What I like most about being at a literature conference of any type is that you are surrounded by people who love books. At SCBWI conferences, that focus becomes children’s literature. As Sunday morning opened with a panel of the amazing Asilomar faculty, a great take-away was the reading list. RA Amy Laughlin asked, “What books (that you don’t represent) were your favorites over the last year?” Here’s the list:
When You Reach Me, Rebecca Stead
Fat Vampire: A Never Coming of Age Story and The True Meaning of Smekday, Adam Rex
Tales of Outer Suburbia, Shaun Tan
Red Sings for the Tree Tops, Joyce Sidman and Pamela Zagarenski
All the World, Liz Garten Scanlon
Lips Touch, Lani Taylor
How to Say Good-bye in Robot, Natalie Standiford
Charles and Emma, Deborah Heiligman
Ages and Angels, Adam Gopnik
Tender Morsels, Margo Lanagan
The Hotel Under the Sand, Kage Baker
Diego, Bigger Than Life, Carmen Bernier and David Diaz
Jeremy Draws a Monster and Henry in Love, Peter McCarty
Marcello in the Real World, Francisco X. Stork
And there you have it. The books the agents, editors and authors liked.
Tracy Gates, senior editor at Viking’s Children (she’s blurry in top right because I didn’t want to flash her), presented “Thinking Like an Editor” with visuals via PowerPoint that gave you a real feel for what an editor does. Her favorite part of the job is the reading (not necessarily the emails which can suck up a whole day), but her responsibilities extend far beyond that. She covered topics like how to get her attention (attend conferences, get an agent), what she is thinking when she reads a manuscript (is it as good as these?) and whether or not she can work well with the author (do we have a connection?) Also, are you ready to revise, Revise, REVISE? She looks for people who are ready to work. I’ve seen editors talk before, and I’ve worked with editors in my freelance work, but Tracy’s insight into the thought process of an editor was outstanding and very helpful to both newbies and veterans alike.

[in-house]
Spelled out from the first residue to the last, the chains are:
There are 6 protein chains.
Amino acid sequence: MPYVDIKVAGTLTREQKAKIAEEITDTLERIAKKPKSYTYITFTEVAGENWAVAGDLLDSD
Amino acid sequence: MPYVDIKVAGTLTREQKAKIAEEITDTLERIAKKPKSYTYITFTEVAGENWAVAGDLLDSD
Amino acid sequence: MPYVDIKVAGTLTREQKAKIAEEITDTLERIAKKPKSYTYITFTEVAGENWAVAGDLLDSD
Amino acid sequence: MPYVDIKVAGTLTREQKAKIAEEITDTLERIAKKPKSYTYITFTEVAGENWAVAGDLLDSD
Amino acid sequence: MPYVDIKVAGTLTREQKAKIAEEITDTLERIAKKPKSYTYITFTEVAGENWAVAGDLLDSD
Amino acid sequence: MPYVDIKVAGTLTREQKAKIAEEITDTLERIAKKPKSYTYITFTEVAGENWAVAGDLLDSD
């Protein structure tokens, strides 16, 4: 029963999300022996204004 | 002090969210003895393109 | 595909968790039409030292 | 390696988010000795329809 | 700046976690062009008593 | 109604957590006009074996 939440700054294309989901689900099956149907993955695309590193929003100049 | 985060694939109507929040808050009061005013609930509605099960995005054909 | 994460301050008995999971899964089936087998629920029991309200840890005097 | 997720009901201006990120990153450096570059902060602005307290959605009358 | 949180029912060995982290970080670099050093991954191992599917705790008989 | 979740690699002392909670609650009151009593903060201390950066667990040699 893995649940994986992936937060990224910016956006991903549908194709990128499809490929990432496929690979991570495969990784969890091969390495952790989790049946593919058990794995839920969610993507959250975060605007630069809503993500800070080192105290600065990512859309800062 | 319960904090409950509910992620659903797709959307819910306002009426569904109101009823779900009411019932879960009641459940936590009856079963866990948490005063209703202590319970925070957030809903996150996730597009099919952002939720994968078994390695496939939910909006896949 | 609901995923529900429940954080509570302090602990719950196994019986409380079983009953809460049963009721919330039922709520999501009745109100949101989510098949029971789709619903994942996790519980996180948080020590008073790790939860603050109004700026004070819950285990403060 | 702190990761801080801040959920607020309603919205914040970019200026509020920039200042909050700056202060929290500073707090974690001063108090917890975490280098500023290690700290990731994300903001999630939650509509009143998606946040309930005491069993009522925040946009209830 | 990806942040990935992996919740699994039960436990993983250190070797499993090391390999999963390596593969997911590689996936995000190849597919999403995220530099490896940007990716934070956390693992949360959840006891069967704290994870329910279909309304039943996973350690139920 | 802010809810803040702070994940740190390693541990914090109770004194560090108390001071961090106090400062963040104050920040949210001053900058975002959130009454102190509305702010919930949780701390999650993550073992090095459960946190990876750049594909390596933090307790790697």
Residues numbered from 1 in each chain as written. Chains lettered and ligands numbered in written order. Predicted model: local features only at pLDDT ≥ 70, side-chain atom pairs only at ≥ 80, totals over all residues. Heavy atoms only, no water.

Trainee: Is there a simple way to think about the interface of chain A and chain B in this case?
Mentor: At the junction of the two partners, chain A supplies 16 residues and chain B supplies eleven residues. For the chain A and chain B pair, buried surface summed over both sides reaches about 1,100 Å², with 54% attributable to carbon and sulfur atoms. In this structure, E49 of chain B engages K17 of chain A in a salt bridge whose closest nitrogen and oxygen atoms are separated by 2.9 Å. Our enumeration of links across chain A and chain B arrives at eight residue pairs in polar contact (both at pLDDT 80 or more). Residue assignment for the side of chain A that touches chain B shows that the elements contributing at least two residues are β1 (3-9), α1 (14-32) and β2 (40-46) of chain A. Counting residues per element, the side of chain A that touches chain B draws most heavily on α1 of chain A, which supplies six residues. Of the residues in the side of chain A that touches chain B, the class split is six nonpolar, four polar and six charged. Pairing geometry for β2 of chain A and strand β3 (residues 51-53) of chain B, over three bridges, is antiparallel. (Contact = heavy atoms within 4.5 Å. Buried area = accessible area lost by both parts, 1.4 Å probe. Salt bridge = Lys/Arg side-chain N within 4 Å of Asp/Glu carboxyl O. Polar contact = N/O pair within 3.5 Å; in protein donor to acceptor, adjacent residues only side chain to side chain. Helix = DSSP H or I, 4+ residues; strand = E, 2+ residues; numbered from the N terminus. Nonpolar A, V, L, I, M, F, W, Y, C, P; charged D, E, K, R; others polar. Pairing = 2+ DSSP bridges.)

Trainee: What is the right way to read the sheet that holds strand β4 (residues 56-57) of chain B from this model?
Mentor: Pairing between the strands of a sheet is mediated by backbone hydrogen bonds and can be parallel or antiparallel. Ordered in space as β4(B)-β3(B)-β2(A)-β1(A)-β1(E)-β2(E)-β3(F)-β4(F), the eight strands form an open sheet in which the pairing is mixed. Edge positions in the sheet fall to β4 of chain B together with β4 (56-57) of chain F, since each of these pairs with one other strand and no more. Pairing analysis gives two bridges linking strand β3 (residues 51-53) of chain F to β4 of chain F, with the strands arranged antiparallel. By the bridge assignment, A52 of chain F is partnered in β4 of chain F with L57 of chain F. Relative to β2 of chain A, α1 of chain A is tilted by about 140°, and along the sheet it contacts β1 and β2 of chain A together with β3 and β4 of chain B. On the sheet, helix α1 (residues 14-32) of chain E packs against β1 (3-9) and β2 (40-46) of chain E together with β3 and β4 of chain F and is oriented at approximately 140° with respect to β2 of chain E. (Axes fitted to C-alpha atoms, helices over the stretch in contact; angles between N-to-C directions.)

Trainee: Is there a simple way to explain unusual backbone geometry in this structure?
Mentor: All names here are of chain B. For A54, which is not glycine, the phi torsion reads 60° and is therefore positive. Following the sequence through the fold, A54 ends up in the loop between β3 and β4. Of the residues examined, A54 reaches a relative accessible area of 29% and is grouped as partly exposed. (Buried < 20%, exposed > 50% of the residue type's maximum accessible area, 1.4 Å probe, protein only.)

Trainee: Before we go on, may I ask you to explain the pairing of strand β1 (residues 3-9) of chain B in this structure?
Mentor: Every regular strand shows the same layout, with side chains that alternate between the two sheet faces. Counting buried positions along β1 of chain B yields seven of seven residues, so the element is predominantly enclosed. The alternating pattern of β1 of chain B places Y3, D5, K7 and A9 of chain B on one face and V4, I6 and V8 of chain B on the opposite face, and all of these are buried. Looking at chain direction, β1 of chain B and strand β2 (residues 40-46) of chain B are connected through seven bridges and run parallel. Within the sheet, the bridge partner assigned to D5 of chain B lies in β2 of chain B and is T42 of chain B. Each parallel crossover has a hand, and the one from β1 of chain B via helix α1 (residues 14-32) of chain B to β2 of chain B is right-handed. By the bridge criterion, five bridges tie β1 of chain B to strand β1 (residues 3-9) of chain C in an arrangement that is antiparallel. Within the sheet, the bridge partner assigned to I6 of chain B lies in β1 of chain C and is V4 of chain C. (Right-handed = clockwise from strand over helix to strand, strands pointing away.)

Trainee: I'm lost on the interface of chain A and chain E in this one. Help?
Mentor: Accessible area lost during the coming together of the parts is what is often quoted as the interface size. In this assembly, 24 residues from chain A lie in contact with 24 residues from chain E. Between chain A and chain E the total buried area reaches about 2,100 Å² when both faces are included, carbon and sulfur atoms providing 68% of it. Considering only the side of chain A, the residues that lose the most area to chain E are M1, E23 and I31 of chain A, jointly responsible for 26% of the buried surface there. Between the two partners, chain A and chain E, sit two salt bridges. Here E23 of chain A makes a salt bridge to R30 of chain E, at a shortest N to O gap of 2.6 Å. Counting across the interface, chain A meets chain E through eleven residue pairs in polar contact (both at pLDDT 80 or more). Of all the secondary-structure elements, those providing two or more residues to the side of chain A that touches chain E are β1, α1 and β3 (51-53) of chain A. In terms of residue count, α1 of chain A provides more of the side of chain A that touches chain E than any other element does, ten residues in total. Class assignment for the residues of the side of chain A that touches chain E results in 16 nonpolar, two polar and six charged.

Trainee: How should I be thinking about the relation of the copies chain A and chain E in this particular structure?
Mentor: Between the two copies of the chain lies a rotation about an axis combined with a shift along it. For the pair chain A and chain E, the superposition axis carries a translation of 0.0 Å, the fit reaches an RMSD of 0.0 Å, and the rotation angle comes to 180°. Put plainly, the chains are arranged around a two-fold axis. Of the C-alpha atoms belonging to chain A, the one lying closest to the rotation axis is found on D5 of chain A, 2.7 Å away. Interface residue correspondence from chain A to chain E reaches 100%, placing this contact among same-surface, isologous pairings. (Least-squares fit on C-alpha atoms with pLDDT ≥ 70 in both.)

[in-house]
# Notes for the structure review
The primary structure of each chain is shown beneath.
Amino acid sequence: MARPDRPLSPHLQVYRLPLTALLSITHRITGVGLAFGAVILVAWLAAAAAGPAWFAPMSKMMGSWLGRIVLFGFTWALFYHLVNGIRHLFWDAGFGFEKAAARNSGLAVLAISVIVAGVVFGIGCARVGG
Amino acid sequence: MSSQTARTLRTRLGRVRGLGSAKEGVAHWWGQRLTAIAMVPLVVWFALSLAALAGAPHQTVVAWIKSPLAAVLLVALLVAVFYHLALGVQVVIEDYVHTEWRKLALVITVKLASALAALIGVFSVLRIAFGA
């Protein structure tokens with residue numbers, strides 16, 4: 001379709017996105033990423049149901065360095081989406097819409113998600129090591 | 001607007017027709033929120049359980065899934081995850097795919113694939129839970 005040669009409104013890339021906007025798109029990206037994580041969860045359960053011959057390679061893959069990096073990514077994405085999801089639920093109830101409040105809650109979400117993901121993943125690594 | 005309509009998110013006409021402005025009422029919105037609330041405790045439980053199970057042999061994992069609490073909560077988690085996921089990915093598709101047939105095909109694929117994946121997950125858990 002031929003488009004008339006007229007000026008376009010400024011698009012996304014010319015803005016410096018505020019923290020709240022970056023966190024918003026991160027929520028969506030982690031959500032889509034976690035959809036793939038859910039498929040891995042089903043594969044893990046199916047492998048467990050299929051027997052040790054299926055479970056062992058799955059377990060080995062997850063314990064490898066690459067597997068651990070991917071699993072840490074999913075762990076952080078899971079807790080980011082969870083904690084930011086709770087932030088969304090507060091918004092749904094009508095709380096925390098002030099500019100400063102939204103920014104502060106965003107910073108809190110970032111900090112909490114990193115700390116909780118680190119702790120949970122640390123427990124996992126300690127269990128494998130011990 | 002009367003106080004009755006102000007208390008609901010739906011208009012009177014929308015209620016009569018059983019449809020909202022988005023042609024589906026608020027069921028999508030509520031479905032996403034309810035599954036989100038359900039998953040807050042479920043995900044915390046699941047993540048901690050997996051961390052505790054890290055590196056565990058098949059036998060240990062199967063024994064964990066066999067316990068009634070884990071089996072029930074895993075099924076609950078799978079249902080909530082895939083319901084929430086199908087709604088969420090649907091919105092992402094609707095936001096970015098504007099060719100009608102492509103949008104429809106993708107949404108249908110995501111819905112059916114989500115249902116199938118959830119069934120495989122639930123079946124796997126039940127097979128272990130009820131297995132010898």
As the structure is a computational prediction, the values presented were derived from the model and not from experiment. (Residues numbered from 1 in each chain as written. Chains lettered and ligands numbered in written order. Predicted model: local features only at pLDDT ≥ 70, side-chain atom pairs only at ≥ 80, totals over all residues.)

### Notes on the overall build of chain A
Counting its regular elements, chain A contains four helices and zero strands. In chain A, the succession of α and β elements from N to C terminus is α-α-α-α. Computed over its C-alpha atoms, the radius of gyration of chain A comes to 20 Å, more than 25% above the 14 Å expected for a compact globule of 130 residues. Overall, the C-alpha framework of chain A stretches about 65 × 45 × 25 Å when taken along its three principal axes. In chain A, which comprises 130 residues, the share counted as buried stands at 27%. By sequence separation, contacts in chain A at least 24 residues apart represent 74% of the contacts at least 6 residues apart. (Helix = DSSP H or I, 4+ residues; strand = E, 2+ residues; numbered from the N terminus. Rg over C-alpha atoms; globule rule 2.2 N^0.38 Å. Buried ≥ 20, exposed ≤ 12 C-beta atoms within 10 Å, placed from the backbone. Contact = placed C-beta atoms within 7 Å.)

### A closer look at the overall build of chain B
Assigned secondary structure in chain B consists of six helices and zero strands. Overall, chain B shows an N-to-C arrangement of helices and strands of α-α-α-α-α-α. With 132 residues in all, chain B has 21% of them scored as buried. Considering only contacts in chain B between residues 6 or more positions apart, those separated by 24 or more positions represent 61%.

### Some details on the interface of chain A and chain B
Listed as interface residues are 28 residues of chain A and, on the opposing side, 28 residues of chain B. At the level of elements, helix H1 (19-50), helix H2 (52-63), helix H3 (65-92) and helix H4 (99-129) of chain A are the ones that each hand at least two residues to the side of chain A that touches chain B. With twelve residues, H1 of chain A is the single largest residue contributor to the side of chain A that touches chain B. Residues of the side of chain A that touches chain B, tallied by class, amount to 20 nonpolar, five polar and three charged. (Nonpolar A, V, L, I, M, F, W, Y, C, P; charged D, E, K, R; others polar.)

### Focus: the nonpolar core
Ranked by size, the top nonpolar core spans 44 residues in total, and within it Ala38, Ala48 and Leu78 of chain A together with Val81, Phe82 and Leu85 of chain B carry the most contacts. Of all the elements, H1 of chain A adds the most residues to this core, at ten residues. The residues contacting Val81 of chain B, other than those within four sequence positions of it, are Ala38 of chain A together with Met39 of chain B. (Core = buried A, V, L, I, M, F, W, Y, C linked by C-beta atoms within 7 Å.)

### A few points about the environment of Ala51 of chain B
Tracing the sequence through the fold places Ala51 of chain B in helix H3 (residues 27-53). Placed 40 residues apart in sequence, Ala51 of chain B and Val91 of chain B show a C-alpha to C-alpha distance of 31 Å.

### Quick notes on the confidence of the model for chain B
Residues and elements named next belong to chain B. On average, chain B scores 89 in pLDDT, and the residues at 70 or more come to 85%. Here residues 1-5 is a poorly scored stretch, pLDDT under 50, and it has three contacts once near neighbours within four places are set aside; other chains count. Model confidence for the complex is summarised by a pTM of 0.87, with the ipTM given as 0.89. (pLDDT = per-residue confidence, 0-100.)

The conference ended with a commitment ceremony. People wrote out a commitment for the year on two cards–one they took home to remind them what they selected and the other they burned in the fire. I was reminded of GirlScouts. Before the cards were burned, everybody stood in an energy circle as if to say, “We’re all in this together.”
And, really, we are.